A researcher has found vulnerability in an older version of Oracle’s database software that exposes user passwords to cybercriminals.
Security expert Esteban Martinez Fayo said his discovery of the critical security flaw means hackers can gain unauthorized access through simple passwords stored on the database in just five hours.
David Emm, security researcher at Kaspersky Lab, said passwords are procurable if the criminals mount a brute force attack.
“Data sent by the server during the login authentication process, i.e., the session key and the salt, is enough to allow an attacker to use a brute-force attack by trying lots of passwords until the correct one is found,” he said.
“This tactic is used to obtain a valid password and get access to the database.”
Oracle had patched the bug in version 12 of the authentication protocol, but has no immediate plans to use the fix on its still widely used 11.1 protocol version.
Emm warned about hackers’ tenacity to attack companies without the patch and those that continue to use the older version of Oracle’s database software.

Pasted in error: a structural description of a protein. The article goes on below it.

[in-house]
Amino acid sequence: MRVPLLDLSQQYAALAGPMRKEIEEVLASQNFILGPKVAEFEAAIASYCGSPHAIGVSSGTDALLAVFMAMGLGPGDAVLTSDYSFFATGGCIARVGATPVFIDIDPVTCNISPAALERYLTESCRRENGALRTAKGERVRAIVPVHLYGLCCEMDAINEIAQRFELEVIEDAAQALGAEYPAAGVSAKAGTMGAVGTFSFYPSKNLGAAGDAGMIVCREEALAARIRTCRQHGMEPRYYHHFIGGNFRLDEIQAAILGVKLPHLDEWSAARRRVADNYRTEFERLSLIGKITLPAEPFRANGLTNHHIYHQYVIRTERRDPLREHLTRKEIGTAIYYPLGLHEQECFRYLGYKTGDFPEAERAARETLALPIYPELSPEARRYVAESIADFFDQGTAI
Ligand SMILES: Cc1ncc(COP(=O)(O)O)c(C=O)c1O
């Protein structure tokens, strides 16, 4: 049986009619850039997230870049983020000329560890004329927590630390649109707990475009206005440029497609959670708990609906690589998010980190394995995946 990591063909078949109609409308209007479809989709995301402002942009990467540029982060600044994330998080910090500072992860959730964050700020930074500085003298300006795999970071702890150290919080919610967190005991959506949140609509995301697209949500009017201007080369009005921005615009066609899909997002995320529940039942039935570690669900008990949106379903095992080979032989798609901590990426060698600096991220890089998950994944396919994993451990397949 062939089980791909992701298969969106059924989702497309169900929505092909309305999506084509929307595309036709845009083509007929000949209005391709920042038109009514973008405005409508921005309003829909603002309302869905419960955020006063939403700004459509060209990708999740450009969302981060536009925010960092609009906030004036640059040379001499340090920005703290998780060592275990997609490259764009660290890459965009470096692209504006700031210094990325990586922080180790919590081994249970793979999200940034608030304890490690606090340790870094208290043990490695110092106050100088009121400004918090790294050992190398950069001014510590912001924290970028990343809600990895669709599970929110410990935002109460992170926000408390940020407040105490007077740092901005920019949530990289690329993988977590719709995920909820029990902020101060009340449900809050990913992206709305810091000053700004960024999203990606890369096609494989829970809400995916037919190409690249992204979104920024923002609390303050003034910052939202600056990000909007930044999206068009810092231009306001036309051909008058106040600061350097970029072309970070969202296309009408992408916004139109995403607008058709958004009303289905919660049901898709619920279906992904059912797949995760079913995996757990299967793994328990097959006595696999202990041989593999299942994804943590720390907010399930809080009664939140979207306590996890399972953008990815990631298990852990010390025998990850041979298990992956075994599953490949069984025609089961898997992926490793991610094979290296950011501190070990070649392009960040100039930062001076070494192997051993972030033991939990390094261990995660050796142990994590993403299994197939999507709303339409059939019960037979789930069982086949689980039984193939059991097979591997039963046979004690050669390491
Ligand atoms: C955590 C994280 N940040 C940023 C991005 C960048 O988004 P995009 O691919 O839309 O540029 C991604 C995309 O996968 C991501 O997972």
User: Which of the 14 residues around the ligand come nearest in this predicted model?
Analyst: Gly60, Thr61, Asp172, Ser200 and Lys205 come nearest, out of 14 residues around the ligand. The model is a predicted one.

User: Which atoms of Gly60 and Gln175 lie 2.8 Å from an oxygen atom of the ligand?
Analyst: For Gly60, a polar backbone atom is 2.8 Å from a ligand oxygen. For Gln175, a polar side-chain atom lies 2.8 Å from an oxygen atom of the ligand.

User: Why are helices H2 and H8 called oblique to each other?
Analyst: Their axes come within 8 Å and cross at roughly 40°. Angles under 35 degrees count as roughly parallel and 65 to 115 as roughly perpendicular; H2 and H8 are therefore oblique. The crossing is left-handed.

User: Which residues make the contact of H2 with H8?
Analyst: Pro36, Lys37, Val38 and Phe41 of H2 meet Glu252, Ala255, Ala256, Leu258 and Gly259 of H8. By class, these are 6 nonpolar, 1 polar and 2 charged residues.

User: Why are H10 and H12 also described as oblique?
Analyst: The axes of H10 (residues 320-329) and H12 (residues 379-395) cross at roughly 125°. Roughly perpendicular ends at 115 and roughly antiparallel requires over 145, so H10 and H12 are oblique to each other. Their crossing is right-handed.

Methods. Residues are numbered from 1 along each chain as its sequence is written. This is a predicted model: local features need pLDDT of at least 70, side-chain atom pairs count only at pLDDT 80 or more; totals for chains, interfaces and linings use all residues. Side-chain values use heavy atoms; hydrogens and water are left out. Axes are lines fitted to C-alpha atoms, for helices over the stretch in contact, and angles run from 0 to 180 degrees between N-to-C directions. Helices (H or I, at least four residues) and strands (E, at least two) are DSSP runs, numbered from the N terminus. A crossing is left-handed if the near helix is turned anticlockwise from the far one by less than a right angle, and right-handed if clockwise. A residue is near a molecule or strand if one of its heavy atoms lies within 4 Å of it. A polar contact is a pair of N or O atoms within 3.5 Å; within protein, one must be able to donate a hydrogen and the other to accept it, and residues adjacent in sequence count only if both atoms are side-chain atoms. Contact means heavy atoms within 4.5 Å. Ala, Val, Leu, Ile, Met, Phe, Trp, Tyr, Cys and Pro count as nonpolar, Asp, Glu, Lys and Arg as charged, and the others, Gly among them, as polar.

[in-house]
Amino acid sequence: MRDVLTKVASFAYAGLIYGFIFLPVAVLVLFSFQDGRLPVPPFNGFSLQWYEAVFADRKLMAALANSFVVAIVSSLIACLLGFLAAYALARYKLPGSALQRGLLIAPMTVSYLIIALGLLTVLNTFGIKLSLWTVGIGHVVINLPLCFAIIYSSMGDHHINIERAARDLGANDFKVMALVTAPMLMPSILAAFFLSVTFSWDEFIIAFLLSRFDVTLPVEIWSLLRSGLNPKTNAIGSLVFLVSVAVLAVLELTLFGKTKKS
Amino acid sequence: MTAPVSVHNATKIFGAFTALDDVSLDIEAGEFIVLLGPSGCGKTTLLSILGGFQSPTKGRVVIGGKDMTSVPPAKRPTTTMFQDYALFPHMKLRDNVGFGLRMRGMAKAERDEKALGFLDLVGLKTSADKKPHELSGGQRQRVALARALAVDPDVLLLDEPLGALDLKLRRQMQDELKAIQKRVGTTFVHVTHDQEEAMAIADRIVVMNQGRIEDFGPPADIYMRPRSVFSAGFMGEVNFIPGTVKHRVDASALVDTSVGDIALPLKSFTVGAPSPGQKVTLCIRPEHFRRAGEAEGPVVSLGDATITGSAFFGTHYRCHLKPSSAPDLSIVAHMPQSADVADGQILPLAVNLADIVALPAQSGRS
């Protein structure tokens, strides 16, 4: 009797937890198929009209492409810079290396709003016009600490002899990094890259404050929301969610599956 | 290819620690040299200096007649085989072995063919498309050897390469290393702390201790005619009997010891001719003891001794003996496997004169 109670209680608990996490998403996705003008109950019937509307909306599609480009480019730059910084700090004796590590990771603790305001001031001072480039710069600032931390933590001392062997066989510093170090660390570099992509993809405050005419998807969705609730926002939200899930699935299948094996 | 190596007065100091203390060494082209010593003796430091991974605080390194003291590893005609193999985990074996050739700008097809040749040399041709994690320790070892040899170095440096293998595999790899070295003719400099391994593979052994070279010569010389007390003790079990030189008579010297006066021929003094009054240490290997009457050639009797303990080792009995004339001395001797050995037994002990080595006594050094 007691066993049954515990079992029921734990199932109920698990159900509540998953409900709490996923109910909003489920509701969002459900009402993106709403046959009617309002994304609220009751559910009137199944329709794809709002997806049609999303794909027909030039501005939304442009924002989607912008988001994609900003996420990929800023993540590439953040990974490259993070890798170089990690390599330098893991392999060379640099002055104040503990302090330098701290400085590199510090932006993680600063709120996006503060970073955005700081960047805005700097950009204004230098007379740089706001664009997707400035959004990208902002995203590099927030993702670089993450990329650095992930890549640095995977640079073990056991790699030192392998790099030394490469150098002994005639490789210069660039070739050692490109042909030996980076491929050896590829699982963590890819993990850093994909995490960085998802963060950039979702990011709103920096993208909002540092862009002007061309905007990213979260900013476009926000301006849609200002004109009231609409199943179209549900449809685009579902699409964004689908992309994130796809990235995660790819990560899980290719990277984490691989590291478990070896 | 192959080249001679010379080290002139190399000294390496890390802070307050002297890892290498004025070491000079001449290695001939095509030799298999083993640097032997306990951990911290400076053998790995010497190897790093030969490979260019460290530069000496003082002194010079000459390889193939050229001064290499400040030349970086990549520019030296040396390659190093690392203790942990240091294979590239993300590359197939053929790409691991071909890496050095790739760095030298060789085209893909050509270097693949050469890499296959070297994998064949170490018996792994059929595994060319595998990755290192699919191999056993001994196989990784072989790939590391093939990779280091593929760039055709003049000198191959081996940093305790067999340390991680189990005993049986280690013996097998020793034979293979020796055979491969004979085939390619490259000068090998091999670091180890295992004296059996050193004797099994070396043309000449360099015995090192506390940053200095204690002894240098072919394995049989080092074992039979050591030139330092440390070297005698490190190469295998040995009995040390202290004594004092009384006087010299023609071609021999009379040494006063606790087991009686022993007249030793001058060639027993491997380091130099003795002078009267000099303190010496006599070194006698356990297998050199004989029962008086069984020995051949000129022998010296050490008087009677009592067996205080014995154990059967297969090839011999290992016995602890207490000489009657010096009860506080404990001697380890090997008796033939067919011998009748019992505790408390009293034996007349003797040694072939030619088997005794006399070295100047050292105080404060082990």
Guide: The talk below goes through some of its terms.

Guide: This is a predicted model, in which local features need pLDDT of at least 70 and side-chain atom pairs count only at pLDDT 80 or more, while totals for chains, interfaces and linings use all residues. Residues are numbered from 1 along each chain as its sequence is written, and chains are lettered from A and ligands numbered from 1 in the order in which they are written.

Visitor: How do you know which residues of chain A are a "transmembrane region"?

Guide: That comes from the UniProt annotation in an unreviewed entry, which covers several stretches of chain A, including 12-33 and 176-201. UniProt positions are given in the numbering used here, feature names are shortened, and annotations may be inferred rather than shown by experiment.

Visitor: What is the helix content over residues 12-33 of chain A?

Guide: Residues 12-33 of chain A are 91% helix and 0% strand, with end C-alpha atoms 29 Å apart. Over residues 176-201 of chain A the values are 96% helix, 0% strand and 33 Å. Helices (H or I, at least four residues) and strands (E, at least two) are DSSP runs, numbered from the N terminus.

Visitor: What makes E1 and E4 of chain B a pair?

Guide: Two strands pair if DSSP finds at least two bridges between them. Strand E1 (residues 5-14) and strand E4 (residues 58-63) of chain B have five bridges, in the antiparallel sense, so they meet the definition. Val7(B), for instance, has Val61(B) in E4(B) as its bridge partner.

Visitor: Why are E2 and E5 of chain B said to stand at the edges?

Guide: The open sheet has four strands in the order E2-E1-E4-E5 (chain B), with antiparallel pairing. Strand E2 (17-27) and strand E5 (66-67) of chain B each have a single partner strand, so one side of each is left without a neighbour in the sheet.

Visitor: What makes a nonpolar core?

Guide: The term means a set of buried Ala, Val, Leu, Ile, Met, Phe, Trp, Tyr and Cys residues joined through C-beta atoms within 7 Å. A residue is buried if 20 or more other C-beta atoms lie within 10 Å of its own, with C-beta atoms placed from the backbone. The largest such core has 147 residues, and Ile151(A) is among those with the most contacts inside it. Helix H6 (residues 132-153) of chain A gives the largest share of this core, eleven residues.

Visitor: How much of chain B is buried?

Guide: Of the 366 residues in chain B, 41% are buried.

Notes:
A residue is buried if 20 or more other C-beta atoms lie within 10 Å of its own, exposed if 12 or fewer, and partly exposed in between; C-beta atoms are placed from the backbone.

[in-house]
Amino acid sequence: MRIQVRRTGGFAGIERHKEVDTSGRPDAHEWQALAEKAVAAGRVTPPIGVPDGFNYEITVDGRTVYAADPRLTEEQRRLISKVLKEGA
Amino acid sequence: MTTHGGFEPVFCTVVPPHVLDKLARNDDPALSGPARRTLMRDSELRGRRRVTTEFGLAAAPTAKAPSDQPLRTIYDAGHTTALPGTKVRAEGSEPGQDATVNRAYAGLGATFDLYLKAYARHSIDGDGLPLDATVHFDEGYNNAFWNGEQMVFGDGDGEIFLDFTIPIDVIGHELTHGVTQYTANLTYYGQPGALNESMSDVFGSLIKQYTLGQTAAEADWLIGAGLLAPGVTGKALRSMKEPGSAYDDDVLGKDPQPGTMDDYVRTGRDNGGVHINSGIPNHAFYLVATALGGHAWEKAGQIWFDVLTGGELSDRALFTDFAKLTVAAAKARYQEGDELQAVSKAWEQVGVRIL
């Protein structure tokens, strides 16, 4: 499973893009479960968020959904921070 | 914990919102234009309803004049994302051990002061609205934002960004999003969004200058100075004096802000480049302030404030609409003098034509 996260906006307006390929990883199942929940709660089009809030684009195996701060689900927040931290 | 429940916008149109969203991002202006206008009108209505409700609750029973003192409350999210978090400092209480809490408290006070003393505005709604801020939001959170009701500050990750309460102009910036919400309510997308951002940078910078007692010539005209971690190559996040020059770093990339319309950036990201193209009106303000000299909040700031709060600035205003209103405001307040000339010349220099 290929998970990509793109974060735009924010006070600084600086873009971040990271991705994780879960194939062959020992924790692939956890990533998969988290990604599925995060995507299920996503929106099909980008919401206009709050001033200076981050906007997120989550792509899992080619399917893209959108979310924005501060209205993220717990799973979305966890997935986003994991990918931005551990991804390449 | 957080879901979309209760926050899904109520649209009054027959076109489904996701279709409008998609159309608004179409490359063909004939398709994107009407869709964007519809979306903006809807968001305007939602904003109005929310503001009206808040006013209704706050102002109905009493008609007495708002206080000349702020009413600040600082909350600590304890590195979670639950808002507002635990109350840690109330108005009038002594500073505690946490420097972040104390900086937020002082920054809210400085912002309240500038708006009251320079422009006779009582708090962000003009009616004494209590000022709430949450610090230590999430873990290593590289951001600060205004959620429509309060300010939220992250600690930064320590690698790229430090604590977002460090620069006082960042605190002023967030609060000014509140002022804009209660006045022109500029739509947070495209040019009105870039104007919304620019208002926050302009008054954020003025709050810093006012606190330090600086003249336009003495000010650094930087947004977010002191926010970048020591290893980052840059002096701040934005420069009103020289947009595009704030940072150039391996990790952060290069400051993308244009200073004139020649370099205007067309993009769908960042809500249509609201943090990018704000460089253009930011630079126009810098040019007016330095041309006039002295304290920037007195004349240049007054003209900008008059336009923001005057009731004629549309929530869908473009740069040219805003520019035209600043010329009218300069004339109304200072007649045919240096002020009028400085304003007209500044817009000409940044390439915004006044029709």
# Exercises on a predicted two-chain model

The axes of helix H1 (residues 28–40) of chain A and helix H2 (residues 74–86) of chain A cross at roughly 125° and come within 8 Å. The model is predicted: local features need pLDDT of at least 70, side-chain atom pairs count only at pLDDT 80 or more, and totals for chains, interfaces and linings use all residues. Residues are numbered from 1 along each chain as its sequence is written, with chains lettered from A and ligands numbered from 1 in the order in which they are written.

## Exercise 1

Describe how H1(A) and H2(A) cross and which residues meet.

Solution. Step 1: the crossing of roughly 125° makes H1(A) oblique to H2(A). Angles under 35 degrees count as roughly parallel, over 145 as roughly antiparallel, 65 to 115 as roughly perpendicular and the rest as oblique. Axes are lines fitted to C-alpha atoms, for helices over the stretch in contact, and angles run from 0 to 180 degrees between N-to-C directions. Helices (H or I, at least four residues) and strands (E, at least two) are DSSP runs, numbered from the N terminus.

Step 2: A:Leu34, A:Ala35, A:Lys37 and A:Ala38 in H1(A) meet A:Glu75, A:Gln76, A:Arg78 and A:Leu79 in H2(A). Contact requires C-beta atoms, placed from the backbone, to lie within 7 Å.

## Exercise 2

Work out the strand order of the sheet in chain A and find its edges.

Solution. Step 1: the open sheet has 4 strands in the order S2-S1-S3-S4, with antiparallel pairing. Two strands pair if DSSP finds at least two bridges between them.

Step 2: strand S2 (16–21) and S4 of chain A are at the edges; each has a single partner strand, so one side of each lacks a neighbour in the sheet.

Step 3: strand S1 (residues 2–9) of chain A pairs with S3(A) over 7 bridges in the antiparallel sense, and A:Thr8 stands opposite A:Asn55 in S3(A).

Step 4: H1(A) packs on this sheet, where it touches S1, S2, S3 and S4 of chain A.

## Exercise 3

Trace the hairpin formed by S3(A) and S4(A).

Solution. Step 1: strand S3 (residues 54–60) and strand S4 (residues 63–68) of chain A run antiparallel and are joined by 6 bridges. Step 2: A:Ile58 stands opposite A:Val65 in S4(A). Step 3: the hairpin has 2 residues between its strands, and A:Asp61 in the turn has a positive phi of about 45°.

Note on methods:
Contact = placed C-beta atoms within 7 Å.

“Cybercriminals use vulnerabilities of all kinds to get access to corporate systems, especially in applications that are widely-used. So it’s vital that administrators take steps to reduce their exposure to attacks,” he said.
“In this case, it means using the version of the authentication protocol provided by Oracle to fix the problem and making the necessary configuration changes to only allow new versions of this protocol.”
Emm advised system administrators must implement stronger passwords for customers using alphanumeric plus special characters, which will give hackers a harder time to crack their passwords even on vulnerable systems.
Source: Dark Reading
Image: Oracle PR, via Flickr (CC)